Shaking Up Japanese Politics? He Is Up For It

by Chikashi

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Rowland and I have known each other since we had green stuff hanging from our nostrils. Now, he is running for a seat in the upper house of the National Diet. To say that I am surprised about him entering politics would be the understatement of the year. Upon reflection, it is actually not surprising that he is a Tokyo district candidate for the four-year old, centre-right Your Party. I do not really like discussing politics, but the Japanese political / legislative scene has been stuck in second gear for about 15 years. It could use a bit of shaking up. Well, lots of shaking, actually. Rowly is not the sort that is shy about stirring things up.

Because Japan has very little natural resources, the country has been very reliant on imported fuel. In order to make up for this deficiency, Japan has had nuclear power plants operating for a very long time. Nuclear power has always been controversial in Japan, but things came to a head when an earthquake and a tsunami hit northeastern Japan in 2011. The debate about nuclear power has always been more emotive than practical in the sense that a robust, informed dialogue has been, well, as scarce as natural sources of fuel. Rowly is prepared to address the issue without mincing words. Every solution or alternative will have associated costs, but what is required is to assess each of the solutions and alternatives in a frank and informed manner.

Similarly, he is prepared to address tough issues that most politicians would consider too polarising.

This being politics, there is bound to be some dirt-digging. I hate to disappoint, but the worst thing I have on Rowly is he and I sitting at Caffe Dante in Greenwich Village, washing down a toasted prosciutto and cheese sandwich with espressos and cigarettes, or chewing on some greasy fabulousness and a thick Bloody Mary at Florent in the meatpacking district, nursing our hangover mid-day after yet another evening (morning) at Nell’s. (I heard Nell moved back to Oz?) And, we may not have been of legal drinking age according to local law. Absolutely scandalous…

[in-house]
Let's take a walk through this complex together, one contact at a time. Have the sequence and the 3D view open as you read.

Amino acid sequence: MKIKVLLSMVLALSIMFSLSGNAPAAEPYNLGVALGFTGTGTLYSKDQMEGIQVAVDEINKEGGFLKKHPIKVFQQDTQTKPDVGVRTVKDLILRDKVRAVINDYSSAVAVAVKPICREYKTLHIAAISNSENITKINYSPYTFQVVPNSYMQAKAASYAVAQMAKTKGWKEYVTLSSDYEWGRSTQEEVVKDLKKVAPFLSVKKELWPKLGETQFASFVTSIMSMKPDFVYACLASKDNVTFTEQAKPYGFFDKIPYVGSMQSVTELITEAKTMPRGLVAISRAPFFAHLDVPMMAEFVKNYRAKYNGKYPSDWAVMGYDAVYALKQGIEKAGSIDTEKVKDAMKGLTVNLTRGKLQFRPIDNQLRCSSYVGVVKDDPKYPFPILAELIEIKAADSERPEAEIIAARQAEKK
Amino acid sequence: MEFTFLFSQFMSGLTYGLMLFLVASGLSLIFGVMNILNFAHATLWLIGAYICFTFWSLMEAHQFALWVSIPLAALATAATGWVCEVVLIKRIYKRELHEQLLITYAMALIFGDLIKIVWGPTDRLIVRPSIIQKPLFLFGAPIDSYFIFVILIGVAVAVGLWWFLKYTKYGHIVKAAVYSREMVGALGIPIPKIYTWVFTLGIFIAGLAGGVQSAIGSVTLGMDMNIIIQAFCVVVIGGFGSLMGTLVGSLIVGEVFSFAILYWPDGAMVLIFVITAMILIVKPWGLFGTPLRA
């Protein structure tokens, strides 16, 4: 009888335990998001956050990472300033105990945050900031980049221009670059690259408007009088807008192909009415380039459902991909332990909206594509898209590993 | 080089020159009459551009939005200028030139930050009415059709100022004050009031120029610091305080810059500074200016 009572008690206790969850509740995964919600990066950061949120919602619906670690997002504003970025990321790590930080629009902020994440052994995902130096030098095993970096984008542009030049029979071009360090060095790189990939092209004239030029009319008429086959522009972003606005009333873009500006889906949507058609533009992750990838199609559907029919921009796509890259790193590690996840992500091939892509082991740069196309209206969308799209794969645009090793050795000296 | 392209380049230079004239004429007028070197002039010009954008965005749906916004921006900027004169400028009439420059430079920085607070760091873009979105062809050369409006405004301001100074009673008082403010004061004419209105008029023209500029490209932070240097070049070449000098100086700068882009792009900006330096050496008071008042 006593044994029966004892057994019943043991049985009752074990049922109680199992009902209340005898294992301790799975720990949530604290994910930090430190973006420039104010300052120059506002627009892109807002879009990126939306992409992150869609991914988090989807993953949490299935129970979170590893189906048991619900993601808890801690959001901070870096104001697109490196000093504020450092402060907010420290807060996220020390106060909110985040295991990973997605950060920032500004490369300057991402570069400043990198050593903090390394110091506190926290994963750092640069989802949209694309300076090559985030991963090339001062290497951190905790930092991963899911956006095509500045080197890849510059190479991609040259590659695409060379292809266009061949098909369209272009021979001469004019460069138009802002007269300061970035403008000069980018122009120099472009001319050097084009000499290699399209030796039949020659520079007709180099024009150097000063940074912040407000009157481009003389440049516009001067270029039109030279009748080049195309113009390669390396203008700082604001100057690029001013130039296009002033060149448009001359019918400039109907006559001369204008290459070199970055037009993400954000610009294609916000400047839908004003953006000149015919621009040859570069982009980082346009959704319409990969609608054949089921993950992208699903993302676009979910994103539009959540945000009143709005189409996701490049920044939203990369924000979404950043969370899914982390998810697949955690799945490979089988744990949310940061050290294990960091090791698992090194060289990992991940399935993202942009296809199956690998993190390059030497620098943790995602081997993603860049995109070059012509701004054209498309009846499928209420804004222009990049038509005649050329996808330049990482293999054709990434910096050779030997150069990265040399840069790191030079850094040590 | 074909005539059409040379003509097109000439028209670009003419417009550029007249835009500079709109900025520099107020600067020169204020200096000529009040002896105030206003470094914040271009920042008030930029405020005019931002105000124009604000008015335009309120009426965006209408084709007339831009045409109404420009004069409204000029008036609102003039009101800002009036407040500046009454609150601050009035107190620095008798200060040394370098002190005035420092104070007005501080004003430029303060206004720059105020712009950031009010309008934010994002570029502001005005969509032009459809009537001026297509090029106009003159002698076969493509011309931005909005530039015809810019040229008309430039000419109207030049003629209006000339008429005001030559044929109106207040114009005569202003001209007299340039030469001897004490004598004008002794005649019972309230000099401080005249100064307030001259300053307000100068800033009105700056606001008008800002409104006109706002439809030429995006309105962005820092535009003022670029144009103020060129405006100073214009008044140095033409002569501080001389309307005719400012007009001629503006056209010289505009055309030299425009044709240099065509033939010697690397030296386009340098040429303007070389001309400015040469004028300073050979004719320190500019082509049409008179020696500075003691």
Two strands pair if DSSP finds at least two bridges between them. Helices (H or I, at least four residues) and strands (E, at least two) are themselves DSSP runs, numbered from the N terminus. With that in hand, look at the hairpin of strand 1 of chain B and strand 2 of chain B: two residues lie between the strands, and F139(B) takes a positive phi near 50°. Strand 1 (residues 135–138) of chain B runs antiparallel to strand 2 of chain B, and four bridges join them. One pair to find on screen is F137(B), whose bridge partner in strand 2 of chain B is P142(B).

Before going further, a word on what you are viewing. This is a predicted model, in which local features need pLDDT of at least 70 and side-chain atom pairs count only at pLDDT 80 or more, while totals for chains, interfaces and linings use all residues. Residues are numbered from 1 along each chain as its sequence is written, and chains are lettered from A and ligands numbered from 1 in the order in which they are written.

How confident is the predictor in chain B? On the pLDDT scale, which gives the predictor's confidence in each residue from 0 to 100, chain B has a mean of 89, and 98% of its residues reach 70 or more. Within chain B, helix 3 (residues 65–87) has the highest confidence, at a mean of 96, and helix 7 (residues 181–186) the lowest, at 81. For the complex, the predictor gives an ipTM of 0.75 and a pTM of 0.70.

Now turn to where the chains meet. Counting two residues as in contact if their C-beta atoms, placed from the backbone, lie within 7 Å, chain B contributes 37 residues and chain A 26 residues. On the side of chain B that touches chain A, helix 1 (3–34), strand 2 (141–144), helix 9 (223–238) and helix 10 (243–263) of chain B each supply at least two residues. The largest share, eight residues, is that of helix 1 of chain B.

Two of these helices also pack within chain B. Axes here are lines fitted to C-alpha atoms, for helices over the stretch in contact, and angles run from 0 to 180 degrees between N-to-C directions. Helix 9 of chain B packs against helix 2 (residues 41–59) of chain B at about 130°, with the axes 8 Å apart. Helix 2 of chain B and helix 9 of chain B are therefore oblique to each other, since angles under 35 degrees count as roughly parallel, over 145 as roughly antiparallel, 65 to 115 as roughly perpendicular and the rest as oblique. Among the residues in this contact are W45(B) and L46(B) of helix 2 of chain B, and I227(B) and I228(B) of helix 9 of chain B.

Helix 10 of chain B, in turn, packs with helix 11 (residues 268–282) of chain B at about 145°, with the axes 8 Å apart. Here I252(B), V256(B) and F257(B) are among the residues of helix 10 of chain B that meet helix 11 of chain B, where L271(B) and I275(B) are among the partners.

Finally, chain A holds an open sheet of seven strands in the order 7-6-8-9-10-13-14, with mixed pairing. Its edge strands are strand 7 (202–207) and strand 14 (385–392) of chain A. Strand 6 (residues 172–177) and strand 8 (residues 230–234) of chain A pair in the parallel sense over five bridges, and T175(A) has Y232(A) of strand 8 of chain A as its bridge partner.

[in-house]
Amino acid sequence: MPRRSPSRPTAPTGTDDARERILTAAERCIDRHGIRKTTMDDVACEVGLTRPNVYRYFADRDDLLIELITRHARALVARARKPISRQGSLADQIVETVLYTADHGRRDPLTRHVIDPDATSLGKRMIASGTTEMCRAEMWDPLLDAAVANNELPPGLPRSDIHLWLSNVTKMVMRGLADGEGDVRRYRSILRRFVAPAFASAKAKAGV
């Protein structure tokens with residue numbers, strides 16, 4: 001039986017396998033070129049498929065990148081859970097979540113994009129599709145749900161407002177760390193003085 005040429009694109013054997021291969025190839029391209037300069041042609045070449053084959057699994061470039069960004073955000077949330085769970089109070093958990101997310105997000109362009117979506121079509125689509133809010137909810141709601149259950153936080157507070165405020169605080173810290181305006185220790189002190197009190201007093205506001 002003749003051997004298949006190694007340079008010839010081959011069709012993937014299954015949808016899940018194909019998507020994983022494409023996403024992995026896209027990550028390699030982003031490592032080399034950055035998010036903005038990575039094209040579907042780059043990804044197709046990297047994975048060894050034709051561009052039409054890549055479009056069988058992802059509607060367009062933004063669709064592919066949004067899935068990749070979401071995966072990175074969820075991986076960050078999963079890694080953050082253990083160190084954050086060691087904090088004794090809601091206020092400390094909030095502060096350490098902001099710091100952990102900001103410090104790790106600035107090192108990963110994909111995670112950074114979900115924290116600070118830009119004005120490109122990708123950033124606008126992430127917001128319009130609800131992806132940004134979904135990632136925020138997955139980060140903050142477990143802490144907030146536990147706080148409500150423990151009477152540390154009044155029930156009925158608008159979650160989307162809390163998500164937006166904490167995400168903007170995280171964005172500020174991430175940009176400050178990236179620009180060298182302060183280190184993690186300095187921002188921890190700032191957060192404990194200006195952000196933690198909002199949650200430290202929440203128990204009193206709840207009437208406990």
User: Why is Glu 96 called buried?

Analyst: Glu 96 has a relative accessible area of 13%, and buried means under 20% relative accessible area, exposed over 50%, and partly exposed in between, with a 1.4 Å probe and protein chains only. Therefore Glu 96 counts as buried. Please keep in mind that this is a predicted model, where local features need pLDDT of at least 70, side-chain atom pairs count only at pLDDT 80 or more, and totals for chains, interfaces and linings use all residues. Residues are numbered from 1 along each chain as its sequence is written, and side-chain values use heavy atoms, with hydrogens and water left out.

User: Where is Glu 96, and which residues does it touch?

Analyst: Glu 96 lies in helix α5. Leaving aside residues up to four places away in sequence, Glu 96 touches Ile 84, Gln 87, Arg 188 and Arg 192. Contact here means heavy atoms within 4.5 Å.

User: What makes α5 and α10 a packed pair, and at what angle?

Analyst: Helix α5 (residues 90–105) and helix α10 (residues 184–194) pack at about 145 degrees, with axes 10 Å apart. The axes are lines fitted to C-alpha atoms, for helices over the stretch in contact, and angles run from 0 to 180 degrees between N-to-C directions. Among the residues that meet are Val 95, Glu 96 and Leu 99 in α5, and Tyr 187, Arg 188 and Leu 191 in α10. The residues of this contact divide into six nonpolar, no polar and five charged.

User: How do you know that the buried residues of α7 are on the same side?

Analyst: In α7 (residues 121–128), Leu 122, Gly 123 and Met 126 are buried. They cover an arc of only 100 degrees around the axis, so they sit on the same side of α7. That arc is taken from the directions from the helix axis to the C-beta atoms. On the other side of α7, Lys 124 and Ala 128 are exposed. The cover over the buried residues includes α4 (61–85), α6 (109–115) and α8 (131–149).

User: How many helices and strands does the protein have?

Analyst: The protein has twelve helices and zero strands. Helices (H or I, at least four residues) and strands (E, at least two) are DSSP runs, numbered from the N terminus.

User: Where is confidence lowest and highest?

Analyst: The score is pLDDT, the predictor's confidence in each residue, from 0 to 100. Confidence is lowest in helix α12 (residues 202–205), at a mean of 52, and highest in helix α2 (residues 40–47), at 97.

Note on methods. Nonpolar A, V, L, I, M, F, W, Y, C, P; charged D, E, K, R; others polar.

In 2007, Rowly completed the Dakar Rally on a motorbike. Not just participated, COMPLETED. On the first attempt. If you know anything about Dakar, then you would know what that means. So, if you want determination and commitment, there you have them. I hope he gets elected and shakes things up a bit. It ought to be interesting.

From the Dakar 2007 web site:

Rowland Kirishima had intended to wait for his 40th birthday to take part in the Dakar. Caught by the passion and worried he might get injured, the Japanese from a Scottish father decided to come to the rally a bit earlier than that: “I just couldn’t wait any longer.” So it’s on a Yamaha 450cc that this racetrack biker embarked upon the journey to Lac Rose. A painful first time… At the Ayoun El Atrous bivouac, he admits: “I must be the biker who fell the most of the whole Dakar.”

Before the mythical rally, Rowland prepared himself participating e.g. in the Pharaohs Rally of Egypt where he finished at a very honorable 28th place: “But the Pharaohs is a walk in the park compared to the Dakar. I didn’t know it would be that hard; it’s constant agony. There is no time to catch your breath.”

In the stage between Atar and Tichit, Kirishima lived in hell and kept pushing his limits further. “I think I fell about 20 times in the first 50 km. I then drove at night with the broom truck right in my tail. The organizers wanted me to withdraw; they told me to stop for a few minutes to catch my breath… I kept going. And in the last 10 km I fell about 20 times again in the middle of the night. On top of that, I had no more headlight due to a battery problem. I was just driving with my front sidelamp.” The day after this apocalyptic stage, this professional photographer, suffering from a leg injury, did not dare go to the medical tent fearing they might force him to withdraw…

Lessons in courage are many on the Dakar particularly in the bikers’ family. Rowland Kirishima adds a bit of chance to his courage: the chance of the Atar stage being shortened due to low visibility or even the one of not having had to drive to Timbuktu. With a great smile, he adds: “at any rate, I’m getting my money’s worth!”

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